Israel was jubilant in victory and in proving its military dominance over the nation's erstwhile aggressors. But what is hard won can just as easily be lost. It wouldn't take long for Israel's larger and more populous neighbors to regroup, and just six years later, the Yom Kippur War dealt a serious blow to the State of Israel. Spearheaded by Egypt and Syria, supported by a host of local Arab expeditionary units, the surprise attack resulted in bloody fighting and, ultimately, an exchange of territory. Forced to cede a large swath of the Sinai Peninsula
, Israel bristled at the incursion and the losses it sustained, though the war did demonstrate a level of international support for Israel and its ability to repel a serious assault. The return of Sinai was grudgingly accepted as a necessary trade for peace, and after much cajoling from the United States, the Egypt–Israel Peace Treaty was eventually signed in 1979.
Pray for Peace . . .
In the years that followed, Israel experimented with a new weapon intended to eliminate some of the threats against it. Already in possession of a prodigious military capability — including nuclear weapons — Israel instead turned to diplomacy to alleviate some of its enduring concerns. The early 1990s was a particularly fruitful period for peacemaking, with the Oslo Accords assuaging some of the security angst surrounding the Palestinian territories. Israel granted the Palestine Liberation Organization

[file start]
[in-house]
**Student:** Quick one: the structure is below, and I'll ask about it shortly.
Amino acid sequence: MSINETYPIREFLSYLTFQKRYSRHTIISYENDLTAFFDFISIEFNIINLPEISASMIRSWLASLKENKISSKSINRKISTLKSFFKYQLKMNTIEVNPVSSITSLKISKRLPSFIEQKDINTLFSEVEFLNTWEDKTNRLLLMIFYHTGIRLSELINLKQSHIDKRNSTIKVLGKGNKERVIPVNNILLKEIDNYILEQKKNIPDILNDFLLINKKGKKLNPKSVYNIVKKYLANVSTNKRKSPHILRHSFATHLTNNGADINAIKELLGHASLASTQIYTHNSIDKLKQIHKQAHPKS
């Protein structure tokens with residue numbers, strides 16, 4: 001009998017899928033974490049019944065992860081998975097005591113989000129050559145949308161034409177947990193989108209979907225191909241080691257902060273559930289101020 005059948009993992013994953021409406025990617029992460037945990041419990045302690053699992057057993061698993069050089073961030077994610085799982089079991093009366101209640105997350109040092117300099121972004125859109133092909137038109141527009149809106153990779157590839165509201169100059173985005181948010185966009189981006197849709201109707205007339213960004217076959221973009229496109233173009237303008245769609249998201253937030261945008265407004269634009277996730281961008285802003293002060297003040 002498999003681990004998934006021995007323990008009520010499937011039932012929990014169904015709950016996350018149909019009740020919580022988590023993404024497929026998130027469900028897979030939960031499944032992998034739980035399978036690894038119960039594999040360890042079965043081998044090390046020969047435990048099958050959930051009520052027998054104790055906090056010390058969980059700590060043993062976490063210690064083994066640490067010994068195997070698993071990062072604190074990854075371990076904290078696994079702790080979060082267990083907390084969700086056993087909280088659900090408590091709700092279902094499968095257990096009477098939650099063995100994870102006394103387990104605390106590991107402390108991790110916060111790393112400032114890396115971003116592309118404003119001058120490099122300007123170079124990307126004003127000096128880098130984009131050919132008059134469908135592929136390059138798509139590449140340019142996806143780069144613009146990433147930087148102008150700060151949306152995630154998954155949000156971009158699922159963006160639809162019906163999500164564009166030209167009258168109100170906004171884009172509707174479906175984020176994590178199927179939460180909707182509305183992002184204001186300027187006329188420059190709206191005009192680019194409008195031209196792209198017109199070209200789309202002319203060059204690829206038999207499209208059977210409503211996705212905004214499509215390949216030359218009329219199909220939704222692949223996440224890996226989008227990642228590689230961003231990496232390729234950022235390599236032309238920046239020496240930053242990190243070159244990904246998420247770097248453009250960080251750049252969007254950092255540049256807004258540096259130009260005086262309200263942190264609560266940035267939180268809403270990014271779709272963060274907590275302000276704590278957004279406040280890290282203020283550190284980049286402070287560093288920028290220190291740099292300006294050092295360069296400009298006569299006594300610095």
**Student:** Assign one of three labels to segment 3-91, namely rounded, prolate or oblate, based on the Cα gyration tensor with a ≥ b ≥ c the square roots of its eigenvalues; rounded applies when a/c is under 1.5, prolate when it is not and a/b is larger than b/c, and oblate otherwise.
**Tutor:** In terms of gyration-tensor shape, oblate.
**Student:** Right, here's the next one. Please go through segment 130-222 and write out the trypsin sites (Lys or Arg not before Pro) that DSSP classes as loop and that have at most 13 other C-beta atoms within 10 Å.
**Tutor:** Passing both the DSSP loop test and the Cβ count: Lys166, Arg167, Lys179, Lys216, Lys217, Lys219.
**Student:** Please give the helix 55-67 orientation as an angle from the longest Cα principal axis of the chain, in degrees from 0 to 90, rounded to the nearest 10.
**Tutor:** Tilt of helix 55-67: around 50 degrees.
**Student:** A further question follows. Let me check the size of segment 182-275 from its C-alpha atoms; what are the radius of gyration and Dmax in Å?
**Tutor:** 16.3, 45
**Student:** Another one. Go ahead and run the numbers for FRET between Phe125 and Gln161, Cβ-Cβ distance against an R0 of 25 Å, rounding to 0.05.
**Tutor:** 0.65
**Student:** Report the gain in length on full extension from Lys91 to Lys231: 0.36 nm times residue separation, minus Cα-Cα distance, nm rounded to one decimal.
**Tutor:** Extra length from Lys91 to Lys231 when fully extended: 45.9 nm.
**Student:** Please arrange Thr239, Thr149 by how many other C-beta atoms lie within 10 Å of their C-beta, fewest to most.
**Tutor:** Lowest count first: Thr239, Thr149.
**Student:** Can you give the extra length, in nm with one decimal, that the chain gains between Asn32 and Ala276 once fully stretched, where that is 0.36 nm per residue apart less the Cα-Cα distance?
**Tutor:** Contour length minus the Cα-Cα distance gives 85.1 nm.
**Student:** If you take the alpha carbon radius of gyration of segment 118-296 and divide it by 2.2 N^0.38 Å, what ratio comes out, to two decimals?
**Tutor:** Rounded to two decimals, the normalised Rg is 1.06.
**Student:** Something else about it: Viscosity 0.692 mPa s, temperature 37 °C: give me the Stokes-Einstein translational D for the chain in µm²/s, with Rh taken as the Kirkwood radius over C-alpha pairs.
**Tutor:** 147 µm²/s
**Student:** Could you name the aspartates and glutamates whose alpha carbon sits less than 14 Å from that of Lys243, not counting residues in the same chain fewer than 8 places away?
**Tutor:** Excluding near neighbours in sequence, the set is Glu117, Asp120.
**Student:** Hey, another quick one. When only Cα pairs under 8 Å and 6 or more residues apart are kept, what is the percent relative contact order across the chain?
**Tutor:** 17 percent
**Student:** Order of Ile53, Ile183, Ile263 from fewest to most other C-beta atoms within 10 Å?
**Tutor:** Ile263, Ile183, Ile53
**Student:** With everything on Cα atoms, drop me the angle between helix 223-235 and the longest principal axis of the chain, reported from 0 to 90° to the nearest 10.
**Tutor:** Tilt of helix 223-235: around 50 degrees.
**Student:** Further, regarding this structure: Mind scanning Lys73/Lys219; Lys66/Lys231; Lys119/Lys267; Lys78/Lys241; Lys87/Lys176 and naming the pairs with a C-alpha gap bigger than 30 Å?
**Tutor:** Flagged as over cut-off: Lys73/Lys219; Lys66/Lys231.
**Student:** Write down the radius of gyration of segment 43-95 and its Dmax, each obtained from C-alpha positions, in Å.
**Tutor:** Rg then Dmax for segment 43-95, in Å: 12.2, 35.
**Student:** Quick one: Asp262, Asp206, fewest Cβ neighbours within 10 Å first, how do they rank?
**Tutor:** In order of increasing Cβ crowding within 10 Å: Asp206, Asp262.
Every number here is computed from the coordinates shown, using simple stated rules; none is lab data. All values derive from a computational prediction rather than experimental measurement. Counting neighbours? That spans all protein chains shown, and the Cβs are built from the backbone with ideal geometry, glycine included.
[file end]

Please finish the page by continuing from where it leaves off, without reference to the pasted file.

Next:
(PLO) representative rights and, in return, the PLO agreed to recognize Israel's existence. Then, with the Israel–Jordan peace treaty of 1994, Israel removed one of its few remaining conventional threats. For the most part, the only danger left to it was that posed by a conventional Syrian force. But the eventual rise of the Islamic State, coupled with the attrition of the country's ongoing civil war, has depleted Damascus' capabilities. The Syrian state is still an enemy to Israel but a significantly weaker one, its military fractured and embroiled in its own conflicts.
Even with its traditional opponents on peaceful terms or otherwise marginalized, the State of Israel has had little opportunity to draw breath. Threats to the country's security and stability are as present as ever, though they have shifted from destruction at the hands of a conventional force to a nonconventional and insurgent menace, mostly emanating from territory just across Israel's borders.
Such insurgency manifests in different forms, and Israel remains afflicted by near-continuous attacks from entities such as Hamas
, the PLO and various affiliated groups. While a persistent nuisance, they lack the resources and conventional edge of Israel's traditional adversaries. However, they are almost impossible to subdue, primarily because Israel is not willing to concede, either in terms of territory or by granting concessions that could be interpreted by a domestic audience — and foreign powers, for that matter — as signs of weakness.